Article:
“Get out of the way, Annabeth, I want to come in,” he says.

“Well come in then,” Annabeth says, but she doesn’t move.

“Perhaps,” distant Brabicant says, “we could dam Bounds Green brook, whence the contamination proceeds.” He leans back in his chair.

Stokewell’s frown disappears, displaced by enthusiasm. He holds no grudges. “It would,” he says, “be an ingenious undertaking.”

They order maps and adjourn the meeting; next week, they pore over the line of the brook. In the end they plan the dam for a shallow pool that appears naturally, after the water flows through the graveyard and past Colney Hatch but before it joins up with Pymme’s brook. Brabicant doubts the plan’s efficacy—the capacity of a cheap dam is not, after all, infinite—but what else is he going to do?

Edwin coughs in bed; Annabeth, chided daily by the rest of the family, insists that he’s feigning, but she has trouble getting to sleep all the same.

Stokewell summons engineers, and plans his budget.

It’s that Saturday morning—a sunny day, with a fresh pleasant breeze—that cholera breaks out. Brabicant and Stokewell decline to continue their weekly meetings in such perilous surroundings, so their project falls by the wayside. Brabicant’s hats suffer. The Rural Sanitation Authority has taken too long.

Edwin, on the other hand, stops pretending to be sick, at least once one or two of the neighbours have died. Annabeth’s righteous fury fills the small house, dense and silent. It’s a very long time before he dares to be with her alone.

Posted in Piccadilly Line. Tagged with , , , .

9 Responses

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  1. More posts of this qutliay. Not the usual c***, please

  2. Dear Jimmy:You are right on. All technology is here to increase our life quality. The pendulum will be shifted back to value more physical contact ( embodiment ) from the virture cyber world. The city design is also shifted to high density urban design so people can have more opportunity to mingle and to interact.Stange enough, the small business will become a new Third Place to integrate work and life with a higher purpose.This is where I am most interested in at this moment.I am experiment to find a model to create work and life integration.Thank you for contributing your thoughts and make this blog your blog too.Ping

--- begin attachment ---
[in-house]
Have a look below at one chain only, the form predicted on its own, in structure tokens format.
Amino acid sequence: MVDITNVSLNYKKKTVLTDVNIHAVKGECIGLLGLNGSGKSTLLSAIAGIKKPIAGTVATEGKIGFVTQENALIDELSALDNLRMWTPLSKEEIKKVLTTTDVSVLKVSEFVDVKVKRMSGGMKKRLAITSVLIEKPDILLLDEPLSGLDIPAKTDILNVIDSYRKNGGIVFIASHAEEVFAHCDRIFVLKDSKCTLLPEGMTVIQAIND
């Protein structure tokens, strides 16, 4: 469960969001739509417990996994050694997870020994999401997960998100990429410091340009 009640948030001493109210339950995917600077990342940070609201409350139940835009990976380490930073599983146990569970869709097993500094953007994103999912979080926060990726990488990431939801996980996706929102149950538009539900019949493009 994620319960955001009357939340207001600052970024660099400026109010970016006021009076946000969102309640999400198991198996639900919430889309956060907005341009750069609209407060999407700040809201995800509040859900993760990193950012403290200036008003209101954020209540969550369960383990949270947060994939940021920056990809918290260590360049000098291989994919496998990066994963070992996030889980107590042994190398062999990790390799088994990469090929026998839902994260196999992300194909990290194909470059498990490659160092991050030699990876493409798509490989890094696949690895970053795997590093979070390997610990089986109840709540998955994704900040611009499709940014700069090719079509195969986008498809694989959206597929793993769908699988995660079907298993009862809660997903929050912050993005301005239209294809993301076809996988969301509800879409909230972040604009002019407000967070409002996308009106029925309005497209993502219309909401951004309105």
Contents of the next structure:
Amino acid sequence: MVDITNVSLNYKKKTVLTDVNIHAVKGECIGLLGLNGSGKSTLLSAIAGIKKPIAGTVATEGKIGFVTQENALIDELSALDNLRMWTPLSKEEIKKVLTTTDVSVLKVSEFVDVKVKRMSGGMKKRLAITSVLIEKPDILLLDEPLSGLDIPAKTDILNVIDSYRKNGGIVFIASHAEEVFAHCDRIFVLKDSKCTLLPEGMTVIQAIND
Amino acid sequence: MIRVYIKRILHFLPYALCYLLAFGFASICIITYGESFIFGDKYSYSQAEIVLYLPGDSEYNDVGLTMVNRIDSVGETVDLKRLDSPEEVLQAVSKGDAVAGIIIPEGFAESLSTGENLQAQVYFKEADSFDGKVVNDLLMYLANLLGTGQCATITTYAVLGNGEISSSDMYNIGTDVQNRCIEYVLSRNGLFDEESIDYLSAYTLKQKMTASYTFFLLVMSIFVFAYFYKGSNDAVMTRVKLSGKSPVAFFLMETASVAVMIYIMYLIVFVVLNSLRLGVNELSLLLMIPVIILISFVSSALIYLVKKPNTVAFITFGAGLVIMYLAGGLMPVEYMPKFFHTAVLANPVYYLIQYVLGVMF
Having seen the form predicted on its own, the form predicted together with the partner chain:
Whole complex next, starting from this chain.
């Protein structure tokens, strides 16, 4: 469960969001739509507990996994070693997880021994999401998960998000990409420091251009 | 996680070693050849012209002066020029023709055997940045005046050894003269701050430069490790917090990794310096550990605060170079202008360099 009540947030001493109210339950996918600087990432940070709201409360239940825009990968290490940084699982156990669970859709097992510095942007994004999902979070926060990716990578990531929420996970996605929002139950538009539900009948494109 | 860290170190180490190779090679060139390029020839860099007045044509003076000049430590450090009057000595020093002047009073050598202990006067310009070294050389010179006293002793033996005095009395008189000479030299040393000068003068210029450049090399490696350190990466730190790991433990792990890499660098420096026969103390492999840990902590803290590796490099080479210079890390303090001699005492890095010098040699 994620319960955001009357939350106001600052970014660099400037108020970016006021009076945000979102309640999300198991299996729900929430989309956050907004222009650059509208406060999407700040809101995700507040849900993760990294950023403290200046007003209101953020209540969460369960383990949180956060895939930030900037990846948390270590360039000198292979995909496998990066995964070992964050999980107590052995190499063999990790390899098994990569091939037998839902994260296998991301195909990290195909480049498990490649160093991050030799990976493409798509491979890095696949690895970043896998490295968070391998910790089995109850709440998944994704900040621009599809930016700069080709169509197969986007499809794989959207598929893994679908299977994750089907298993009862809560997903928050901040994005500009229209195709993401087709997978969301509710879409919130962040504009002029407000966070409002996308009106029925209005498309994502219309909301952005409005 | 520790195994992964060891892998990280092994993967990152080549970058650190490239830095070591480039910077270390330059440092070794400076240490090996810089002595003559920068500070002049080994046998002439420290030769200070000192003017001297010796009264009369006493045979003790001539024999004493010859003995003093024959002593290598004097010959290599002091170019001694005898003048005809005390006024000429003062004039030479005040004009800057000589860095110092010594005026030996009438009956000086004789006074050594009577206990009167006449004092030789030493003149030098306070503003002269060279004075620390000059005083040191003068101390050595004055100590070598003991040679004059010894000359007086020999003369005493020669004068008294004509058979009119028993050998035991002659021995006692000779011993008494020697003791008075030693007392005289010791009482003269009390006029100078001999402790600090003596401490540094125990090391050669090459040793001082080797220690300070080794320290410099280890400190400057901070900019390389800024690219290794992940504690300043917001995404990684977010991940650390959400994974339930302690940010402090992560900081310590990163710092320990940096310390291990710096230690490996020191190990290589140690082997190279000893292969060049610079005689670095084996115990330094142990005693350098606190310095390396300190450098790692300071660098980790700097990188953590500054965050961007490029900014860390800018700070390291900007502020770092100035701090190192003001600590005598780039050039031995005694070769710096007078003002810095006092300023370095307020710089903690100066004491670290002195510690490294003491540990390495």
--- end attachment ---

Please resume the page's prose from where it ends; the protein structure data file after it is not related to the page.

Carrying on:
3. Interesting idea, but I don’t think so. Most of these people aren’t going to compare notes about the code name of whoever they were talking to; they’re going to compare notes about who that agent told them was his sponsor.The other reason I don’t think so is that in Shadow of Saganami that code name is used to connect the arms dealer from Kornati (sp??) to the one on Montana, and that guy was a known Mesan agent.Of course, that won’t matter to whoever’s got the propaganda blast ready to go.

  4. Por incrível que seja, o astronauta causava mais pressão no solo lunar com os dois pés do que o Módulo Lunar, isso porque o Módulo Lunar era apoiado por 4 pés, que juntos davam 6940 cm² de área, enquanto o peso do astronauta era suportado por 2 pés que juntos tinham apenas 208 cm² de área. Aqui estão os cálculos que eu fiz provando isso:

  5. Damn, I wish I could think of something smart like that!

  6. Alright alright alright that’s exactly what I needed!

  7. I actually found this more entertaining than James Joyce.

  8. With the bases loaded you struck us out with that answer!